This year when we announced the Rare Books Bakeoff, I knew that I had to enlist my roommate Michelle because we both enjoy cooking and History. What better way to understand the past than to cook your way through it? Michelle perused The queen-like closet, or, Rich cabinet last month from Diginole and found the recipe “To Make a Bacon Froize,” suggesting we make bacon pancakes like Jake from Adventure Time.
Of course, I was only too happy to oblige. Reductive jokes aside, my background in French led me to question the etymology of “Froize” due to its pronunciation and construction. Accounting for a vowel switch in French language during the Early-Modern Period, Froize is similar to the modern French infinitive “Fraiser” meaning to knead or to mill. Since Michelle is my friendly neighborhood Middle English expert, we took a look at University of Michigan’s Middle English Compendium. Due to a non standardization of spelling it took a few tries to locate the entry for “froise” indicating “A kind of pancake containing chopped fish or meat.” Another french infinitive “froisser” denoting a crease or crumple was another path that I didn’t think would pan out at first. However, a 1799 Dictionary of the English Language led me to “Froise: [from the French froisser, as the pancake is cripsed or crumpled in frying] A kind of food made by frying bacon enclosed in a pancake.”1 Having confirmed that we were indeed makin’ bacon pancakes, we got to work.
To start, we took a look at the recipe:
After gathering our ingredients (huge shout out to Michelle for buying them), we cracked and whisked eight eggs together in a bowl. Realizing that historical recipes assume some knowledge on behalf of the reader, we did not know how much cream and flour to add to finalize the batter. What we ended up doing was adding each in small increments while we incorporated them with a few small test frys. The final measurements were somewhere around ⅓ cup of cream and a cup of flour to get the batter to a somewhat thin consistency resembling pancake batter. While doing this, we partially cooked the bacon in the oven. We added the strips and grease to a cast-iron skillet before pouring about half of the batter on top.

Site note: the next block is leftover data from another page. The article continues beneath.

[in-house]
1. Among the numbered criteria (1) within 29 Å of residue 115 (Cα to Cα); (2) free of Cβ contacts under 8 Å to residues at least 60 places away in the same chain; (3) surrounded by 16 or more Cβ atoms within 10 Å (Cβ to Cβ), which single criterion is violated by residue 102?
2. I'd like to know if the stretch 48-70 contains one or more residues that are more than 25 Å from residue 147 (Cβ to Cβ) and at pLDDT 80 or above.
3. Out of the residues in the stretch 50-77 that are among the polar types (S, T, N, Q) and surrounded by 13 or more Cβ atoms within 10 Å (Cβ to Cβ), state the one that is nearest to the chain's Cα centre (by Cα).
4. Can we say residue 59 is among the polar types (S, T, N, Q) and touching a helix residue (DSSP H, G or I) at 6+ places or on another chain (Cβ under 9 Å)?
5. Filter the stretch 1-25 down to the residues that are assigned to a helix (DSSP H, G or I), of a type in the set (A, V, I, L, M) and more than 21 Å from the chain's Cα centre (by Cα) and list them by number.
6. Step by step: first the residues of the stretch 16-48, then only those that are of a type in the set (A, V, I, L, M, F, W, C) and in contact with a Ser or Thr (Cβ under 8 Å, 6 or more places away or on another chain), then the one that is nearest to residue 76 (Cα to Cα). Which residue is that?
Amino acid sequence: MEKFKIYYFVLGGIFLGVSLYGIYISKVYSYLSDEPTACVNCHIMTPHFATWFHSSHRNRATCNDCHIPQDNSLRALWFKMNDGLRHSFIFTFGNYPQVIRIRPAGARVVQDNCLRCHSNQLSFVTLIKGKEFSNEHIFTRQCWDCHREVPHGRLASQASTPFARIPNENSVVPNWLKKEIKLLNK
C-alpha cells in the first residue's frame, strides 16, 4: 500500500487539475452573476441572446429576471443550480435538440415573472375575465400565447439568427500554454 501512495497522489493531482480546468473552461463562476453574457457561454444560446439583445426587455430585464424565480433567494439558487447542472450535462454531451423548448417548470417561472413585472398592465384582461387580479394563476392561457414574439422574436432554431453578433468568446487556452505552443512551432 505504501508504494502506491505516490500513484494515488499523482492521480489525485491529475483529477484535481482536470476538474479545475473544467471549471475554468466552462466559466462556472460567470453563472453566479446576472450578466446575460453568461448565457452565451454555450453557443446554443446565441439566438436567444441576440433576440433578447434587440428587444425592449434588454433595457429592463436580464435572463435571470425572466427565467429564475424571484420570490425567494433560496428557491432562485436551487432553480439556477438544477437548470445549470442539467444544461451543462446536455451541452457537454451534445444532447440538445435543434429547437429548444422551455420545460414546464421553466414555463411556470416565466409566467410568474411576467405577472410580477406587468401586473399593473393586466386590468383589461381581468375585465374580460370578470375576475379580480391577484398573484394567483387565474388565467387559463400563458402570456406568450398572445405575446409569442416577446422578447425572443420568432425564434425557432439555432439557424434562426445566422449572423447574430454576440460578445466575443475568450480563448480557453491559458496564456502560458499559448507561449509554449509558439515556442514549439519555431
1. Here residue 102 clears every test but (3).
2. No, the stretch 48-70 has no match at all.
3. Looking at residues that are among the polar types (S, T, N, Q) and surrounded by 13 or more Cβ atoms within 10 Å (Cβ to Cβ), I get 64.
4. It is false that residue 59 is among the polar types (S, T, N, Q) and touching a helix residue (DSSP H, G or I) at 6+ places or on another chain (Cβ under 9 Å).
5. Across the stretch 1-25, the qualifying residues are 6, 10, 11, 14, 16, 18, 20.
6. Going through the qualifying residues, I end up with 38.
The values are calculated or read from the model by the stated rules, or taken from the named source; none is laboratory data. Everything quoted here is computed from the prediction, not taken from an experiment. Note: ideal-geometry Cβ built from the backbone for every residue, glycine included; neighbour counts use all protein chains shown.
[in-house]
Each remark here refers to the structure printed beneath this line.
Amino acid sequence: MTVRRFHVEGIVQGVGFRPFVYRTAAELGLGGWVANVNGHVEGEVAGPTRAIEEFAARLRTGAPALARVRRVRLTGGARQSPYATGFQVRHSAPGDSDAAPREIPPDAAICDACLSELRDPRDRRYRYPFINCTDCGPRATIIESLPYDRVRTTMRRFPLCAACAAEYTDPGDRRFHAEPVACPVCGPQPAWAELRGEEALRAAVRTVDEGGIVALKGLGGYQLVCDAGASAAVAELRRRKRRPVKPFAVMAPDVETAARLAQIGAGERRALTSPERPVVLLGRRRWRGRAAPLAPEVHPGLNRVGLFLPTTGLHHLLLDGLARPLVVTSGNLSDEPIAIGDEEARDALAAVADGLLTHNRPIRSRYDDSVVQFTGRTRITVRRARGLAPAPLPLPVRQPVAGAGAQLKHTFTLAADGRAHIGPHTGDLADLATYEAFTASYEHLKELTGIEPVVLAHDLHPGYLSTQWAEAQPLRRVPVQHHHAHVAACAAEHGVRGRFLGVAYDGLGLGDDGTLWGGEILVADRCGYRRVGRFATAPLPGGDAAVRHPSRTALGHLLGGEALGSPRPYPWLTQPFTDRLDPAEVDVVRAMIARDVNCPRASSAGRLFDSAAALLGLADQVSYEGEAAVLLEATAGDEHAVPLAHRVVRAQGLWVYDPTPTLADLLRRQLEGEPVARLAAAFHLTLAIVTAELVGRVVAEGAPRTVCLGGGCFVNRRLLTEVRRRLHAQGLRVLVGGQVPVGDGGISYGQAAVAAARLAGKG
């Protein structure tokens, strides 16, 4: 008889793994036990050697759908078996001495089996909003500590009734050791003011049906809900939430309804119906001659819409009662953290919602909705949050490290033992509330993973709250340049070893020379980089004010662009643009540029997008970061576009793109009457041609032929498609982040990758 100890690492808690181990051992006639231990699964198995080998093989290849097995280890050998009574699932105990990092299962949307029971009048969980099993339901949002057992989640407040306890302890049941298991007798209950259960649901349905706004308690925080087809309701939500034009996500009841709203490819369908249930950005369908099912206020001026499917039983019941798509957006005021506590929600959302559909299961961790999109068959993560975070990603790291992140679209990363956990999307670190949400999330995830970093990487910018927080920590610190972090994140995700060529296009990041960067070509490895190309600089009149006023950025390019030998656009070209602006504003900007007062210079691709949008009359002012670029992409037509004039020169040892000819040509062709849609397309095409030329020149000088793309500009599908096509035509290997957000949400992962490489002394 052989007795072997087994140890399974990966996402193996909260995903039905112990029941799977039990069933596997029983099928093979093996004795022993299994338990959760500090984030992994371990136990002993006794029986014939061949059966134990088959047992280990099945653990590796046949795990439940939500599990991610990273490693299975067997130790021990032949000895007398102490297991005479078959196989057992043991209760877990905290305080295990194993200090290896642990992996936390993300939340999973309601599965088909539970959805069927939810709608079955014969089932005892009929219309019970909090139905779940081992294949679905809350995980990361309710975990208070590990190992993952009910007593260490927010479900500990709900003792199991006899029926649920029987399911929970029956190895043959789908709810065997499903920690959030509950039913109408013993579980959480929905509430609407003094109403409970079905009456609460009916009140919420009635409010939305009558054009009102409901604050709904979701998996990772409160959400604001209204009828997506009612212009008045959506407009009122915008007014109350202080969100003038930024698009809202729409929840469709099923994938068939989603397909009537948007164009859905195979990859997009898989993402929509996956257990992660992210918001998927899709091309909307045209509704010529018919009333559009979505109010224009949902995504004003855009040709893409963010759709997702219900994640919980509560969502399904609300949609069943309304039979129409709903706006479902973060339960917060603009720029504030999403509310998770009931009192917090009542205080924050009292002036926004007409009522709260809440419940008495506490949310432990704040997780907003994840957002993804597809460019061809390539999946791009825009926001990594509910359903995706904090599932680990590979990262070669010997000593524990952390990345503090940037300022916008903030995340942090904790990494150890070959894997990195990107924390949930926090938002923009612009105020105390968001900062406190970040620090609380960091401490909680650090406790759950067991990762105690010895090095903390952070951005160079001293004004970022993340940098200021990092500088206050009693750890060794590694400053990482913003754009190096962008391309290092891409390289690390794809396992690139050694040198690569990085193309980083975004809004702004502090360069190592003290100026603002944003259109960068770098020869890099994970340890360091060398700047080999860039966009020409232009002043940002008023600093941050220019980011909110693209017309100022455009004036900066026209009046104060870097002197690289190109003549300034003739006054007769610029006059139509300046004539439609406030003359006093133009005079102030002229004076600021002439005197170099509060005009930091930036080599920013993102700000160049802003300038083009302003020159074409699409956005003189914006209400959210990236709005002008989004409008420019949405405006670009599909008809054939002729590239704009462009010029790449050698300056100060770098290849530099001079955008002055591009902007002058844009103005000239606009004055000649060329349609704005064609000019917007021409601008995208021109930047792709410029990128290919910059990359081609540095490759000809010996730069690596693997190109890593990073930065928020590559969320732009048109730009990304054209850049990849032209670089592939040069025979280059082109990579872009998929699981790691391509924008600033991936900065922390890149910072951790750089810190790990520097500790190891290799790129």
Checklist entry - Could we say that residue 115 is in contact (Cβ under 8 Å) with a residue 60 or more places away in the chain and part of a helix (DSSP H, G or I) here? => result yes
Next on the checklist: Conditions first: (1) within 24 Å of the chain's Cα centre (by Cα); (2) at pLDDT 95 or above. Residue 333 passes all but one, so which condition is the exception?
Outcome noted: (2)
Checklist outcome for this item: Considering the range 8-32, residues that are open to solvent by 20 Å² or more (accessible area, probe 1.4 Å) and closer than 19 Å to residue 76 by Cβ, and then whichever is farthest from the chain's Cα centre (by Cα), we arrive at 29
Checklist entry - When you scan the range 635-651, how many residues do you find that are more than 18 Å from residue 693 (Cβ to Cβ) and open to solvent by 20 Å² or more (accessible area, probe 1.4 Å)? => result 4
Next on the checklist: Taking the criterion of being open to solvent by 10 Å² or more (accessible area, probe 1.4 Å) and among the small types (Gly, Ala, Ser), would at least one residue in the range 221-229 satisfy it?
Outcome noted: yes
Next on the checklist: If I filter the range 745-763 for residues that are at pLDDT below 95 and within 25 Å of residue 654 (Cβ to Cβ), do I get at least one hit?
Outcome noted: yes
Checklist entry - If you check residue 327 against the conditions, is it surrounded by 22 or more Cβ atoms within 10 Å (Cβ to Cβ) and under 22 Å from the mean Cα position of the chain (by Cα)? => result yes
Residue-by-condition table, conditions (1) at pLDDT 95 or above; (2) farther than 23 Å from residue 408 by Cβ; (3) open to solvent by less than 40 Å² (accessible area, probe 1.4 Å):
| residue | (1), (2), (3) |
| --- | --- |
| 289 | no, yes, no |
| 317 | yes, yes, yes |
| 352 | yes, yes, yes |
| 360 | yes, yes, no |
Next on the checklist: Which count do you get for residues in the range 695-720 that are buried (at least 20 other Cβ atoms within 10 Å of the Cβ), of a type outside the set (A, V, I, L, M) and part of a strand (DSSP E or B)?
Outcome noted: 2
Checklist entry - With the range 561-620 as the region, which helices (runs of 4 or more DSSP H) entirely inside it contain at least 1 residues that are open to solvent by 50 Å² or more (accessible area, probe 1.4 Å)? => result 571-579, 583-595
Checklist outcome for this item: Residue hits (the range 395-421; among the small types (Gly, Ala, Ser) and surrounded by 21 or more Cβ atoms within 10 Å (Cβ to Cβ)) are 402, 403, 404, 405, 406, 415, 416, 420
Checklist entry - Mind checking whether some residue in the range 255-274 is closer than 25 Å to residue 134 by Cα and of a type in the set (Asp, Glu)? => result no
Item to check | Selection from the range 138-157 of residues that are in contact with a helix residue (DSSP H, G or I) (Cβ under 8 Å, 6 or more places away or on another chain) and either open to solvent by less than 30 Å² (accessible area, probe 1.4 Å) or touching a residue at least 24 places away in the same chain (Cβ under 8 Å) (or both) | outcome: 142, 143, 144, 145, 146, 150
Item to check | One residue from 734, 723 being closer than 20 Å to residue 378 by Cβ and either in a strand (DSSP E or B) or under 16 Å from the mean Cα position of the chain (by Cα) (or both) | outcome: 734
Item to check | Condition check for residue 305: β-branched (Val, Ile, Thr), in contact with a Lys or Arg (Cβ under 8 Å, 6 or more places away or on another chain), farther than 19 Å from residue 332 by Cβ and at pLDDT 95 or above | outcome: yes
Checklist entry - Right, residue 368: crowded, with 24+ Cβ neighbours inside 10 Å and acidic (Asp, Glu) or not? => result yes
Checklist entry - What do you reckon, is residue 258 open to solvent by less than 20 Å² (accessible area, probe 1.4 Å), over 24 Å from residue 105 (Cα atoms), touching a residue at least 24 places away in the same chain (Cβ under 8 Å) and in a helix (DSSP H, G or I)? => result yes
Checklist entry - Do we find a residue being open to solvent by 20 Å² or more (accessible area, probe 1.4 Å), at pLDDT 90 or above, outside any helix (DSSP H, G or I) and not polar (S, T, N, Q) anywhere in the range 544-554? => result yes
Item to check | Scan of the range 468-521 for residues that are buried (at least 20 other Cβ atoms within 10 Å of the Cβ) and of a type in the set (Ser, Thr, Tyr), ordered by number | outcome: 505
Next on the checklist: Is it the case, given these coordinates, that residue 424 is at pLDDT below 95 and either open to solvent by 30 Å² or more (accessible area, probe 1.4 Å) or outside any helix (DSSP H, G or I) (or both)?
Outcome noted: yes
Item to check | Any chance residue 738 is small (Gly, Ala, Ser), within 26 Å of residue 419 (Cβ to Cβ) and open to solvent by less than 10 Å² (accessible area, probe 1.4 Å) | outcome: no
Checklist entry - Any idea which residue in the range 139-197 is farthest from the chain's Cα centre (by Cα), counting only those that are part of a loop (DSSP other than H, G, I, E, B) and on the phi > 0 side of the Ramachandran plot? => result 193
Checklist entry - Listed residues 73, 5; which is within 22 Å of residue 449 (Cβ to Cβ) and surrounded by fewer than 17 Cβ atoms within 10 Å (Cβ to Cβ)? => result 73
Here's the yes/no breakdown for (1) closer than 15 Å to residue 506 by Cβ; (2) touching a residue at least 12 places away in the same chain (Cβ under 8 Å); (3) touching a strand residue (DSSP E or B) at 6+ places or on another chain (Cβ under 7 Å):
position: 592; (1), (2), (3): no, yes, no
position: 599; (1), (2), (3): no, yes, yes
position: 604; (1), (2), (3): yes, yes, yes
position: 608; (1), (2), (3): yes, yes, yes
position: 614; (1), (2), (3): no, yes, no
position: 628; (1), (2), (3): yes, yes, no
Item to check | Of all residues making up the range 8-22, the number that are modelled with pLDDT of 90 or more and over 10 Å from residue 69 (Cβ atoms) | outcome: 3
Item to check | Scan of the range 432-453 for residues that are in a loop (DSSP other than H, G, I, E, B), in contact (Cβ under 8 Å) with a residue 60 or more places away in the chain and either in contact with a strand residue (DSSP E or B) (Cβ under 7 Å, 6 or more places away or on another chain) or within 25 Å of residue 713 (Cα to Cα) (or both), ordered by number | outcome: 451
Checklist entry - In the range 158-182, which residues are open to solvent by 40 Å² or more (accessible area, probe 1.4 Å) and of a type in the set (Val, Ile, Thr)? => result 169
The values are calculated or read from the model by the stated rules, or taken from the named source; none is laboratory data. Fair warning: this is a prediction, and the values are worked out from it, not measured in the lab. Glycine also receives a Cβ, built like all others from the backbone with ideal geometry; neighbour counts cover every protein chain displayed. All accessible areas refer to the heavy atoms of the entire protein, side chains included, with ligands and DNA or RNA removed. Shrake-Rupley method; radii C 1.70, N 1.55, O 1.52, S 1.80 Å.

It took several minutes to cook through on the bottom and we had a little bit of difficulty flipping it when the time came. It took two people (and spatulas) to get it safely rotated. We poured about ¾ of the remaining batter back on top and let it cook again for several minutes. Although the recipe does not call for it, we did not want the bottom to burn and the top did not seem to be cooking much, so we flipped it again. After a few more minutes it was finally finished and time to taste! We sliced it into quarters and dove in.
While research led us to believe it would be like a pancake, it was really more like a frittata due to the heavy concentration of eggs compared to the other ingredients. We decided to manage our expectations of a modern pancake compared to this and the lack of sugar or salt in the recipe. In addition, we attempted to evaluate this based on our limited understanding of lived experience in that time period. The verdict was “it’s okay.” The texture was interestingly just like a frittata and the bacon brought salt and flavor to the whole dish. Otherwise, it was a little bland. However, were we people in the Early-Modern Period we would appreciate all of the protein in it. We were pretty full for a few hours after eating. Our final rating combined averaged out to a 6.75. It was okay! If you make this at home, perhaps try it with a bit of honey like I did.
1 Samuel Johnson, A Dictionary of the English Language vol. 1 (London: J. Johnson, 1799), 503.